SNCF, which made the announcement late Tuesday, blamed the decision on “unacceptable” cost overruns. In July, the main contractor, Ceetrus, warned the final bill would be triple earlier estimates of €500 million.
The decision also comes after the contractor warned of “considerable” delays, meaning that the new station would not be ready for the Olympics as initially planned.
The SNCF subsidiary in charge of stations, SNCF Gares & Connexions, accused Ceetrus of “serious failure” and terminated its contract.
The project had aimed to triple the size of the station, from where trains depart to Amsterdam, Brussels and London, as well as destinations in northern France.
It is the first thing many tourists in Paris see, as it is the arrival point for both the Eurostar and the public transport connections from Charles de Gaulle and Orly airports into the city centre.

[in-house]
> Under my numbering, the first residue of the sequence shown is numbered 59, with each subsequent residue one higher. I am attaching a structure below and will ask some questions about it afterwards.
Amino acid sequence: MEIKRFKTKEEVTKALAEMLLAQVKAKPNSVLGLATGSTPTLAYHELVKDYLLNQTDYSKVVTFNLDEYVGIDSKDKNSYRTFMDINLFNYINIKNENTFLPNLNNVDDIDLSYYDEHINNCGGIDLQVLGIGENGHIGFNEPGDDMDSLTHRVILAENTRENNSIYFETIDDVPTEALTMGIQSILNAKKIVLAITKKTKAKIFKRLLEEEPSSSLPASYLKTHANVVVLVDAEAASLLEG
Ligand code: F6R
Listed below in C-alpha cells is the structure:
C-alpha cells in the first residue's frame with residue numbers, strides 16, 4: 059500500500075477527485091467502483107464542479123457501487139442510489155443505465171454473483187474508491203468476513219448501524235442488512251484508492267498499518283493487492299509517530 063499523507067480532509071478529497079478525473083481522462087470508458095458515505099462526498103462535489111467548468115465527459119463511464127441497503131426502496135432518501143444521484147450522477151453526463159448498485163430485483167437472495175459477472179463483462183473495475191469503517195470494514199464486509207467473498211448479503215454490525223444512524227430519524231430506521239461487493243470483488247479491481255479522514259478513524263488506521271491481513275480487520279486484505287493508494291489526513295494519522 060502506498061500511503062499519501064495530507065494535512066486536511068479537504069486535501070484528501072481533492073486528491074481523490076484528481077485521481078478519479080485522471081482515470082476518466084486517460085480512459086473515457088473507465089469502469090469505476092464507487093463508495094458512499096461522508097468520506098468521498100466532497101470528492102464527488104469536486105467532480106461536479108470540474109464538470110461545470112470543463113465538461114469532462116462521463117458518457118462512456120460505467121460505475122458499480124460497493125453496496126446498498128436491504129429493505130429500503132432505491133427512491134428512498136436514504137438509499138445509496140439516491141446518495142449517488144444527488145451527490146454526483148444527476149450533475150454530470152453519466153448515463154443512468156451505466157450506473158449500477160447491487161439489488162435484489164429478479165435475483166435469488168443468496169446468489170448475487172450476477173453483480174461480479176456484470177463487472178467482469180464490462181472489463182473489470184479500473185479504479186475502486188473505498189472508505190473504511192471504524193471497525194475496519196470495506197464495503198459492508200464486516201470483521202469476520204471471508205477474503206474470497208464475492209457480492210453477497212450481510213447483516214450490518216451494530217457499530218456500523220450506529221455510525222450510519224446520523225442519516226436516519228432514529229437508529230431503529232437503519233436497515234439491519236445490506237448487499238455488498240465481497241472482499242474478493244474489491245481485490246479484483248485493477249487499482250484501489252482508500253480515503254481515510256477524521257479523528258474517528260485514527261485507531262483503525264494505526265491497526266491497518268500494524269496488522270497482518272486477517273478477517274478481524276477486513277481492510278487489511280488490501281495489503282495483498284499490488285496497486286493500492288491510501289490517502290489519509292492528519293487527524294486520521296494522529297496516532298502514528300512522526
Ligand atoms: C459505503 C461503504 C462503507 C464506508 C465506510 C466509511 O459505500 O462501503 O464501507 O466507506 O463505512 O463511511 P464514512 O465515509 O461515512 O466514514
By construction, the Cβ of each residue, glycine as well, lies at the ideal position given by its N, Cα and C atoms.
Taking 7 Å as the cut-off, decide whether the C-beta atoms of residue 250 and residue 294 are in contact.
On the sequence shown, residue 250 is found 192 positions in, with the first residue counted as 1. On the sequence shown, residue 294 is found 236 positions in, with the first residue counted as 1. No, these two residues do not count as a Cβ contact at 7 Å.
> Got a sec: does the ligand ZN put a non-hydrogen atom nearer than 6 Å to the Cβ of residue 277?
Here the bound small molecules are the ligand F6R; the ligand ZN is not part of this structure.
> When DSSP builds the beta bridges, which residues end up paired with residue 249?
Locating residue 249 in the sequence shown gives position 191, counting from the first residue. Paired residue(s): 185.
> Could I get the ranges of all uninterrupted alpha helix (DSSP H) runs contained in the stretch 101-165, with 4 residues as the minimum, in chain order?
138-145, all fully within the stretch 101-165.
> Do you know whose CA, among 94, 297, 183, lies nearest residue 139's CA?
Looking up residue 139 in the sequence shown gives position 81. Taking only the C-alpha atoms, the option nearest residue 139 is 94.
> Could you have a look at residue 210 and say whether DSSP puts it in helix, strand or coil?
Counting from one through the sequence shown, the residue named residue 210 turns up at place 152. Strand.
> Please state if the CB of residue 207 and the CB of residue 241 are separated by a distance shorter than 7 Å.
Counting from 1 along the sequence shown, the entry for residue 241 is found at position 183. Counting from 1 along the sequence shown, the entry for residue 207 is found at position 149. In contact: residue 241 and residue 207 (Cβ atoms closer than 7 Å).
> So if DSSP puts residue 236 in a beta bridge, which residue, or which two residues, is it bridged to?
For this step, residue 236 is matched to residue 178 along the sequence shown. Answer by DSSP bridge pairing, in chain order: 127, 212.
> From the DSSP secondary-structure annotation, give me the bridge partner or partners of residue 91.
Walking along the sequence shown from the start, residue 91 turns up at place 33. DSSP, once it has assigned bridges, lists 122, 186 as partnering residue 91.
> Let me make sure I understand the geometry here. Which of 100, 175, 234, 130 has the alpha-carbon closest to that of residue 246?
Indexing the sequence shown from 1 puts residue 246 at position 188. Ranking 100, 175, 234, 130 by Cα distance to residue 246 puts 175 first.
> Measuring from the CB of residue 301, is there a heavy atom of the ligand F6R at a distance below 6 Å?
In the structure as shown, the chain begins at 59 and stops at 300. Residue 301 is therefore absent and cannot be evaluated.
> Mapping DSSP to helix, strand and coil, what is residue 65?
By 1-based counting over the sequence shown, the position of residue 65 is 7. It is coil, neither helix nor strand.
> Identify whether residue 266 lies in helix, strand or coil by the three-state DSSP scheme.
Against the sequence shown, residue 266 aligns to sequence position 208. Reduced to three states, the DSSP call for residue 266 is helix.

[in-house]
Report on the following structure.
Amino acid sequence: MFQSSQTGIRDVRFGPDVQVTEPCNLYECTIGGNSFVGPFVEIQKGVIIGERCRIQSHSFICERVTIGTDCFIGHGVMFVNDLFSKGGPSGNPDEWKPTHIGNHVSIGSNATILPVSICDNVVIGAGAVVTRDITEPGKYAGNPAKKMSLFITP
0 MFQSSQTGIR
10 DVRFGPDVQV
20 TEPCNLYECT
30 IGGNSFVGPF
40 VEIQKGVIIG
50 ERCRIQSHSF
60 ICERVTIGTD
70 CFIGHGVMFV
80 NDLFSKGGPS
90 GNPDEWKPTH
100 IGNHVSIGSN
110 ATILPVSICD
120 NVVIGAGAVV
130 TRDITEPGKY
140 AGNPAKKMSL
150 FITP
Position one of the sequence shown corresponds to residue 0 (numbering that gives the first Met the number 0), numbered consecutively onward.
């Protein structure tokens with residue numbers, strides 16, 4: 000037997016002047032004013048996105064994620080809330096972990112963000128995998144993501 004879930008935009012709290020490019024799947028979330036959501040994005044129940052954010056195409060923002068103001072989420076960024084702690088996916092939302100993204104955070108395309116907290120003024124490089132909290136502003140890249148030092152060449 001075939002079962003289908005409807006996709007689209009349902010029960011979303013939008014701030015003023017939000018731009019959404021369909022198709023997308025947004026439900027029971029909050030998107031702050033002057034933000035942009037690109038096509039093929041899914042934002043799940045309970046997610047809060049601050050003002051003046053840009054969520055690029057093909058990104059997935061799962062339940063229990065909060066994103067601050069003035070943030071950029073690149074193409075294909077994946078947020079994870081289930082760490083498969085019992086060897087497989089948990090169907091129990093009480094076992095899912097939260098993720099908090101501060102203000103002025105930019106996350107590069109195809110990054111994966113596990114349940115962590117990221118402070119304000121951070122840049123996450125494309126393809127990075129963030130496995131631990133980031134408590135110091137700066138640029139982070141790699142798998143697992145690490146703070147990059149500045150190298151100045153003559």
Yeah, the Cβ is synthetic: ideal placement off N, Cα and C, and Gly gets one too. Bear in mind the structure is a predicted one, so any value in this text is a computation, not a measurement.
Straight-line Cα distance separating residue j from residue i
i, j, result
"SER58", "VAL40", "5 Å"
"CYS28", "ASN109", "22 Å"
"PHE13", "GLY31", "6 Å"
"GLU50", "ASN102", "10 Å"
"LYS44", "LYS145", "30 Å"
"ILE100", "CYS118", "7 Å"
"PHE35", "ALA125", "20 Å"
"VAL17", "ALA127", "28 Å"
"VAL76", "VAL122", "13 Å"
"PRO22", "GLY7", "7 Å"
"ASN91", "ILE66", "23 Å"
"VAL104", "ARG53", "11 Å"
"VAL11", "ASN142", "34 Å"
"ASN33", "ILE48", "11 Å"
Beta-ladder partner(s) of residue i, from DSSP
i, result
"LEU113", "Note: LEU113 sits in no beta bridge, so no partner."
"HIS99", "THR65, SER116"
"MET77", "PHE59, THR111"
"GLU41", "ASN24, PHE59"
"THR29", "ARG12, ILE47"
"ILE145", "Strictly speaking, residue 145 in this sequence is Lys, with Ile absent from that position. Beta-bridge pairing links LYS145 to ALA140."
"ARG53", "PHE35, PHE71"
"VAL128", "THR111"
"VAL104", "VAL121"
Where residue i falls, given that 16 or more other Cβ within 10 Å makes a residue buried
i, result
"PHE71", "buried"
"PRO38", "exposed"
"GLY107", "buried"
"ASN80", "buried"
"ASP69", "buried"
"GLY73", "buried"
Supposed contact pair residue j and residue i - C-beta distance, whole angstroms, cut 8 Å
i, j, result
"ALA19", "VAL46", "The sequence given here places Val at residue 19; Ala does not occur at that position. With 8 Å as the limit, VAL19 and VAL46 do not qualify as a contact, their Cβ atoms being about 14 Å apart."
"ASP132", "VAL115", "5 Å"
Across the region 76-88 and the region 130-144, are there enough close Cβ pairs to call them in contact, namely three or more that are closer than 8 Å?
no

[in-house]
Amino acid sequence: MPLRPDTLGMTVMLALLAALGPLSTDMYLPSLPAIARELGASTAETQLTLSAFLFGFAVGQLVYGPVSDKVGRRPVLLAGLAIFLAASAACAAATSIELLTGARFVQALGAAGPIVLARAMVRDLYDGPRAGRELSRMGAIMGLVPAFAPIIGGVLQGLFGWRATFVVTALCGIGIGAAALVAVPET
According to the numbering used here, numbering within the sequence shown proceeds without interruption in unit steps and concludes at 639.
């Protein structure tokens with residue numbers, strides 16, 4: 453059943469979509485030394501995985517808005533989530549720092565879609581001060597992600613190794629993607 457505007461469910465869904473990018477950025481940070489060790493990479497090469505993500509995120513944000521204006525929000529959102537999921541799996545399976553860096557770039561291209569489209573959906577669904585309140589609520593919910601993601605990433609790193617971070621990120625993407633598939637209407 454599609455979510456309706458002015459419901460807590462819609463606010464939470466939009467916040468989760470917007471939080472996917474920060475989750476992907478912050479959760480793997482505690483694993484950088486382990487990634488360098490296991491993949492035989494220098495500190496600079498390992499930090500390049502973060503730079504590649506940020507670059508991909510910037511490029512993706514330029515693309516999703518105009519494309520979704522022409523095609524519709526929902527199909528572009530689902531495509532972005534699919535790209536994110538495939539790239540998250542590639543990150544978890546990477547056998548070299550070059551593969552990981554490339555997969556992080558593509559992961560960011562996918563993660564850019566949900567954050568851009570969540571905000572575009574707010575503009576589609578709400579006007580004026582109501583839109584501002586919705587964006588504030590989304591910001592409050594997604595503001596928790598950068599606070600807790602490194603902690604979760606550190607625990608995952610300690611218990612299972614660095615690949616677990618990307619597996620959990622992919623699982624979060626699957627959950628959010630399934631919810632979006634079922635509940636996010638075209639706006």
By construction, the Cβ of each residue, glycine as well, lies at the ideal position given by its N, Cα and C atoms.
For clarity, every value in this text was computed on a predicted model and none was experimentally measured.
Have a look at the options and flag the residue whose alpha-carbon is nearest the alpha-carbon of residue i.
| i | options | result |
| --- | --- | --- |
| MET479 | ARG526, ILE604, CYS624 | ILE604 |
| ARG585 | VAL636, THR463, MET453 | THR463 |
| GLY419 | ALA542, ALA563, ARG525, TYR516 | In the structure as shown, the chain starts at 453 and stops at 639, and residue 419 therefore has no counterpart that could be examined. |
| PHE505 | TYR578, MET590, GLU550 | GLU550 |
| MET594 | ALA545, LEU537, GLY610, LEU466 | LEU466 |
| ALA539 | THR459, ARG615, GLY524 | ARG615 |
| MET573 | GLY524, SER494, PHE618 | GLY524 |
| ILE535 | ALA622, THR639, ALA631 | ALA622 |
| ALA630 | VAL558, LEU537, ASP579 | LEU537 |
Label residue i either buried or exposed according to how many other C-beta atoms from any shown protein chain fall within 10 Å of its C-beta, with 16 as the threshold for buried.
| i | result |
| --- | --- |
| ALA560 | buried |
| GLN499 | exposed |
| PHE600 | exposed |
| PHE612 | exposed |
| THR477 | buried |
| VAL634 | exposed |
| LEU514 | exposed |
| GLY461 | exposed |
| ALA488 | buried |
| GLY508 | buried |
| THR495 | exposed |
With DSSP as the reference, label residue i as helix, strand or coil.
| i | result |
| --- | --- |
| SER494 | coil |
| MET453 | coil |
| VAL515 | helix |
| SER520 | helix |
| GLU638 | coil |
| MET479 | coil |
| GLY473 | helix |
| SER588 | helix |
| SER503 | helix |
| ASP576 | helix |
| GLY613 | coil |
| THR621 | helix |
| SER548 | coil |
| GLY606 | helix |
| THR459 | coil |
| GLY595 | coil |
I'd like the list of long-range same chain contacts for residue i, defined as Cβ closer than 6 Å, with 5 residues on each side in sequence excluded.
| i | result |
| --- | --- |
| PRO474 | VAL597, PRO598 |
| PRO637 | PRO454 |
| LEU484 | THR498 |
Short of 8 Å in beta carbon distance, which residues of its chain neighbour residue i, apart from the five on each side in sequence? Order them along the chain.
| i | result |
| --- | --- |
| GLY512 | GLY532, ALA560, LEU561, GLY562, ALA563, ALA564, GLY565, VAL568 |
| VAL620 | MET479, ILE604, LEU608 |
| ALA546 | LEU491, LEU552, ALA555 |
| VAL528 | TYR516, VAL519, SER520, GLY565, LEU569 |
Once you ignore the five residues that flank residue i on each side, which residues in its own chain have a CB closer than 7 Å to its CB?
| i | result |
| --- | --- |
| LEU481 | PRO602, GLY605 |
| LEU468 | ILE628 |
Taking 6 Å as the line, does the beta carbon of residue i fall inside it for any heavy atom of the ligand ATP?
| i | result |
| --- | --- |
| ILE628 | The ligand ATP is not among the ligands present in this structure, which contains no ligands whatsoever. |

But it has long been slammed as dirty, crumbling, chaotic, confusing and a haven for pickpockets.
Paris city hall had fiercely criticised plans to turn the station into a major shopping and entertainment hub, saying it would be out of character with Gare du Nord’s multi-ethnic neighbourhood.
Well-known architects had also slammed the colossal project.
SNCF said it would carry out a “quick adaptation” of the station to welcome visitors both for the Rugby World Cup in 2023 and the Olympics a year later.